Study area

The study was conducted in the Guassa Community Conservation Area (GCCA) also known as Guassa Park, located in the central highlands of Ethiopia, North Shoa Zone of Amhara National Regional State (Fig. 1). GCCA is 265 km northeast of the capital Addis Ababa. The area is located between 10° 15′–10° 27′ N, 39° 45′–39° 49′ E with an altitudinal range of 3200–3700 m (Tefera 2001). The vegetation of GCCA is characterized by a high altitude afro-alpine vegetation with different vegetation communities including Festuca grassland, Euryops-Festuca grassland, Euryops-Alchemilla shrubland, Helichrysum-Festuca grassland, Erica moorland, and swamp grassland (Tefera 2001). The fauna at GCCA harbors unique assemblage of wild animals including 14 species of endemic birds including the restricted-range Ankober seedeater Carduelis ankoberensis synonym Crithagra ankoberensis Ash, 1979 and spot-breasted plover Vanellus melanocephalus Ruppell, 1845 (Tefera and Leader-William 2005). The area is also one of the distribution ranges of the Ethiopian wolf Canis simensis Ruppell, 1840 (Yalden et al., 1977; Tefera and Leader-William 2005). The natural habitat and resources at GCCA have been well preserved through a traditional system of community conservation practice for hundreds of years (Tefera 2005).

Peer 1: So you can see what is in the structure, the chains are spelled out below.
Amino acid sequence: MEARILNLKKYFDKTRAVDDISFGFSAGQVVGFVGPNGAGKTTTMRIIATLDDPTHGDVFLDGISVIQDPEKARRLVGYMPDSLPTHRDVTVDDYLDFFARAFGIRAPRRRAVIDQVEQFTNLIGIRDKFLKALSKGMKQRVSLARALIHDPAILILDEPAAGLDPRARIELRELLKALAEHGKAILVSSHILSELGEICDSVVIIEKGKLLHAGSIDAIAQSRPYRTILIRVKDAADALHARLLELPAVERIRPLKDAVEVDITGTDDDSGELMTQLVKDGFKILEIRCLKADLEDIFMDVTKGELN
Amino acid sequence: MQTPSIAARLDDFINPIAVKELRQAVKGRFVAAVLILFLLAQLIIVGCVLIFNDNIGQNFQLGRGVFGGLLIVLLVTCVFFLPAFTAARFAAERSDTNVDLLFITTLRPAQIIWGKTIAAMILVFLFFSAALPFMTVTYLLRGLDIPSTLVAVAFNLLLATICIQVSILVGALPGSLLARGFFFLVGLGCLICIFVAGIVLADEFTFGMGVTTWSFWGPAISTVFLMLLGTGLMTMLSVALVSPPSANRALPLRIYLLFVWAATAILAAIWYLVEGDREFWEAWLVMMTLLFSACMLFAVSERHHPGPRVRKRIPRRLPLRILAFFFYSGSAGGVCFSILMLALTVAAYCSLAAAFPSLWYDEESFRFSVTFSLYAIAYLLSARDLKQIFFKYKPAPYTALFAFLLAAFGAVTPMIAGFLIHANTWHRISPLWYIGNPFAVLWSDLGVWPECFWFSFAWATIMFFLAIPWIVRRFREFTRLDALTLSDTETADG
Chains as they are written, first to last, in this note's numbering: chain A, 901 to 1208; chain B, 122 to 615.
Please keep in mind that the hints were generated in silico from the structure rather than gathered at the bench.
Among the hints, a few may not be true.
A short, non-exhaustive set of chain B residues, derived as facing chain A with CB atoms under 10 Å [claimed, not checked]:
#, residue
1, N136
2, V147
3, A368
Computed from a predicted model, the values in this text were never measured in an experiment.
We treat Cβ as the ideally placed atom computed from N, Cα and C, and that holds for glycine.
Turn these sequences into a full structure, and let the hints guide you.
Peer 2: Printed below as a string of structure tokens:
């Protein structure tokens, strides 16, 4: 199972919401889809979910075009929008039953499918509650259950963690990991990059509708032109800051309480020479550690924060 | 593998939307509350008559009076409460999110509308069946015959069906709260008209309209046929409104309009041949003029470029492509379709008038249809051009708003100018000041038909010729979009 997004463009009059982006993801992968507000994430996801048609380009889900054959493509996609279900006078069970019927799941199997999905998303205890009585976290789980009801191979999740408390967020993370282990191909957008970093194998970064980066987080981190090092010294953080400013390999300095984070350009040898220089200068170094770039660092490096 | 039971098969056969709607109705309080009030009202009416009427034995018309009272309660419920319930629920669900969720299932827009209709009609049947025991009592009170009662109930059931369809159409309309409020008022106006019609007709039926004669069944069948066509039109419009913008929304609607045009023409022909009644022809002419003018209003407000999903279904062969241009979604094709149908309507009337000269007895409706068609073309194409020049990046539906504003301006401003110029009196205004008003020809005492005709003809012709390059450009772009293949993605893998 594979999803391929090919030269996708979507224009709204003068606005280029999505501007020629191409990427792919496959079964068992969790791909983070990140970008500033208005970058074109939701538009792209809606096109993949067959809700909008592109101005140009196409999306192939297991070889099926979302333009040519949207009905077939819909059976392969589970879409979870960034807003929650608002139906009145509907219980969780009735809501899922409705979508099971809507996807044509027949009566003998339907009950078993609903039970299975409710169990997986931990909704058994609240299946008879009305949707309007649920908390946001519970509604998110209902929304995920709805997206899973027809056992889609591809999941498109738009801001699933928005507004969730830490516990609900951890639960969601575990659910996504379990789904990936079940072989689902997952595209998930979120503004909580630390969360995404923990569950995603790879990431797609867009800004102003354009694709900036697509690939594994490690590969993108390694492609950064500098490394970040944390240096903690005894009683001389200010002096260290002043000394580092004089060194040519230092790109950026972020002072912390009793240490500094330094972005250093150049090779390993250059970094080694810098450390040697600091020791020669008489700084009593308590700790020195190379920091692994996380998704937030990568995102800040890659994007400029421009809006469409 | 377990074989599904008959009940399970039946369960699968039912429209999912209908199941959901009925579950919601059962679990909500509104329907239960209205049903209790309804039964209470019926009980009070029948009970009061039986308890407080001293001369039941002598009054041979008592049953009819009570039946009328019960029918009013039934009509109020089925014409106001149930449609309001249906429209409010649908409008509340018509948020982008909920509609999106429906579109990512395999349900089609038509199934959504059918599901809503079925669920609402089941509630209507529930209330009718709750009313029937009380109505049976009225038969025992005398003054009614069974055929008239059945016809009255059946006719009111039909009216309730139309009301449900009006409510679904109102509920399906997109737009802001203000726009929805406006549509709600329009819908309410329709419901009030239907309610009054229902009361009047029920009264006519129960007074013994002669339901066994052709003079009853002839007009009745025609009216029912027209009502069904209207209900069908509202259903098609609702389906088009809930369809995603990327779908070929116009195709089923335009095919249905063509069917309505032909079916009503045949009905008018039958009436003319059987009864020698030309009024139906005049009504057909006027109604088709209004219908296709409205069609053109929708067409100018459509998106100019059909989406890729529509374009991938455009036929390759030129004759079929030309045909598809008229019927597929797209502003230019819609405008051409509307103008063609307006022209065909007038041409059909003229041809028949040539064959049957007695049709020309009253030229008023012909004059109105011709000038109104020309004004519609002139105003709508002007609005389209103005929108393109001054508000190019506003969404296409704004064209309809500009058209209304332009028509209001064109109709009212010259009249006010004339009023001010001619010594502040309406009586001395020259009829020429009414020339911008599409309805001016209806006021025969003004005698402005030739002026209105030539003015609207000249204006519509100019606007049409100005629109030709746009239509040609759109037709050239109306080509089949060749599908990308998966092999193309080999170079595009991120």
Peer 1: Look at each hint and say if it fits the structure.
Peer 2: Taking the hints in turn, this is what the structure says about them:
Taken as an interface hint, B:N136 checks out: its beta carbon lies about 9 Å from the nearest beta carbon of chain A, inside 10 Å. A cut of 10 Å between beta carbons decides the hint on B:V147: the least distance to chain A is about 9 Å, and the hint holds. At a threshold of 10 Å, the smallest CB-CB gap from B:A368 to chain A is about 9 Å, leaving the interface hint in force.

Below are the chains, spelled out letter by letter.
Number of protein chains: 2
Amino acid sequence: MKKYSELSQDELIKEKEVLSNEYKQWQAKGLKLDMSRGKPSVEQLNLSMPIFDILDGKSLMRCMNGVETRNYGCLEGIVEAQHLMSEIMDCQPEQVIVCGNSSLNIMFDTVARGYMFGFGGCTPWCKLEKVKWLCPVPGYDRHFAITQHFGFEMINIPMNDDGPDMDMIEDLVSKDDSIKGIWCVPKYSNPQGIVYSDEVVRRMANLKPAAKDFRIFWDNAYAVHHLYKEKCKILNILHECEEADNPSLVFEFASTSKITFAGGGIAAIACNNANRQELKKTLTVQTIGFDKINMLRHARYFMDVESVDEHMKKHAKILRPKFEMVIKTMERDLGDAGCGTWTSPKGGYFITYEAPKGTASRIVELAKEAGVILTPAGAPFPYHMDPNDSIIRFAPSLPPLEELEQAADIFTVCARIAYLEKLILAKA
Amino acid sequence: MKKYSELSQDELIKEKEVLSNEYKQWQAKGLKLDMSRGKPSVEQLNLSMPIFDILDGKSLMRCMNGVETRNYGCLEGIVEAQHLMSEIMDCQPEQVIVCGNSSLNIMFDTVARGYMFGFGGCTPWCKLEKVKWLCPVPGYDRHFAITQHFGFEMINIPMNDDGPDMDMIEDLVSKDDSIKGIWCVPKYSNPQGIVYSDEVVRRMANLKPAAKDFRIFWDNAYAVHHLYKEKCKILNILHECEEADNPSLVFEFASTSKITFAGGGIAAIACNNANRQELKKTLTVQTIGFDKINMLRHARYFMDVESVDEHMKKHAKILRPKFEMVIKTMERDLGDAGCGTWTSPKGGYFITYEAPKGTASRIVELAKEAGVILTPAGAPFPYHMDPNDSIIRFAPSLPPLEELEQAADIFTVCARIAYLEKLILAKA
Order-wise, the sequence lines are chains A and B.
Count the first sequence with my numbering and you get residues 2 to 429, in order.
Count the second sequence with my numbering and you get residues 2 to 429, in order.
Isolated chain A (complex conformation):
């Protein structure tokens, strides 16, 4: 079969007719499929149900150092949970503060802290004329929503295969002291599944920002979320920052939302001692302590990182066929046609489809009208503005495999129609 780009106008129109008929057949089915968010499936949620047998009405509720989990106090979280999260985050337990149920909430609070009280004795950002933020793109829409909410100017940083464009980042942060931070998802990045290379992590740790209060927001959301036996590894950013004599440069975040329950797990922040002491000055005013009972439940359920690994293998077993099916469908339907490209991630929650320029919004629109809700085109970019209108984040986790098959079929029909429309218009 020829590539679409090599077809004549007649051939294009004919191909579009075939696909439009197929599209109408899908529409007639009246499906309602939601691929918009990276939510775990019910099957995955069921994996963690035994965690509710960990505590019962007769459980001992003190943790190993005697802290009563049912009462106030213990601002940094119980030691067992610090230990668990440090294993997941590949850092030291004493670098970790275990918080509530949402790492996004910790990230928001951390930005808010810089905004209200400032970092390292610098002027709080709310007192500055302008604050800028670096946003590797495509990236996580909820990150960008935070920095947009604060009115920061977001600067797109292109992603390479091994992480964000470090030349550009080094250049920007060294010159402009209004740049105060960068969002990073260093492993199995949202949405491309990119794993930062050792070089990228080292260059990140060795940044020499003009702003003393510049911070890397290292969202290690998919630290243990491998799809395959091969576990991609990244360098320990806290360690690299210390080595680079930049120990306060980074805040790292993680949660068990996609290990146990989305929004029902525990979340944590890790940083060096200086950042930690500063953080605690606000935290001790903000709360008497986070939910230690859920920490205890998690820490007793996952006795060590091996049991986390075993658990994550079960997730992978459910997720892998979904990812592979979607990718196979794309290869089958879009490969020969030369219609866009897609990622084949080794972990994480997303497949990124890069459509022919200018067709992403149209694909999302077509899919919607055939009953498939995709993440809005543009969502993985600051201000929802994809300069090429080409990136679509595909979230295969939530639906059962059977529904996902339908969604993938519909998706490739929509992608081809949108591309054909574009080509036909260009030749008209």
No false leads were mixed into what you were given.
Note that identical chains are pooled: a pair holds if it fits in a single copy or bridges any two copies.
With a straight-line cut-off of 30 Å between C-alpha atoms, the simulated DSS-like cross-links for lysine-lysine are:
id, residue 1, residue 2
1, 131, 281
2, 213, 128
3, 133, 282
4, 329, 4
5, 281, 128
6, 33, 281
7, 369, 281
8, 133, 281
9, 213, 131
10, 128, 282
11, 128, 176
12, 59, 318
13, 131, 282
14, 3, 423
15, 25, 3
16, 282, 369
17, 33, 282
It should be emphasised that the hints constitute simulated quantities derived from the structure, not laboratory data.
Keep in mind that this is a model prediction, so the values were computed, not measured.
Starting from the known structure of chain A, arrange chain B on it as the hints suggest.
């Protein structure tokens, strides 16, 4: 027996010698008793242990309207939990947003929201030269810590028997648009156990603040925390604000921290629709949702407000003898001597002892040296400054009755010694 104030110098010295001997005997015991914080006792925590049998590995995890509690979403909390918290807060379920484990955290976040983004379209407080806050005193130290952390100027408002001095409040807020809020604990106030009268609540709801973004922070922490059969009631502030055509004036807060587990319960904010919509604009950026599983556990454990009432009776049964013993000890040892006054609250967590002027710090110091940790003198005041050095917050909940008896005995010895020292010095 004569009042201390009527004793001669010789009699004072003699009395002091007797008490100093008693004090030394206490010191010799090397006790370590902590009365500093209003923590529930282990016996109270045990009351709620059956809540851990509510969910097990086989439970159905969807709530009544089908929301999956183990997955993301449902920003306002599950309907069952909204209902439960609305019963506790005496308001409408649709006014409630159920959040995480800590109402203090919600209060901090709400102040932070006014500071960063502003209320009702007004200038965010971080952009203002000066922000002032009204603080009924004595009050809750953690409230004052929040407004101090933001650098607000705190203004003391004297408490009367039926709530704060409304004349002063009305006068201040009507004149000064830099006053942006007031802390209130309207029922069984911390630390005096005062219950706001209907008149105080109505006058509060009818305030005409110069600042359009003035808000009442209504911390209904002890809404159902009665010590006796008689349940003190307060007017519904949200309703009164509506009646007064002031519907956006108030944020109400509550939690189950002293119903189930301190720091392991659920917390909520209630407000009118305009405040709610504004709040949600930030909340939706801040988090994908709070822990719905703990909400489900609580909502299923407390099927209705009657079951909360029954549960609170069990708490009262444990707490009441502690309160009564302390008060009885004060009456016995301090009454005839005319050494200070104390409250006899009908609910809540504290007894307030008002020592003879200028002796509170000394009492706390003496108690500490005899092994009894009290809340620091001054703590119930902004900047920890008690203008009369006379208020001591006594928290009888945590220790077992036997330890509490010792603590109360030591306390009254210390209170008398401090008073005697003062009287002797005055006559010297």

Fig. 1

Map of GCCA with adjacent Kebeles (smallest administration units) (source: Andarge 2010)

The climate of GCCA varies with altitudinal gradient and seasonal changes. At higher altitudes, the wet season is characterized by a combination of high rainfall, hailstorms, and occasional snow. During the dry season, frosts are common. Even though showers of light rain can occur in any month of the year, the distribution of rainfall in the Guassa area is characterized by a bimodal pattern. A short rainy season occurs during February–April, and the main rainy season mostly occurs between June and September. The annual rainfall ranges from 1200 to 1600 mm (Tefera 2001). There is sharp temperature fluctuation between night and daytime due to the altitudinal differences and the size of the mountain block. The temperature is characterized by mild days and cold nights. In the driest months (December–February), daytime temperature can rise to 25 °C, while nighttime temperature could fall to − 7 °C (Tefera 2001).

Data collection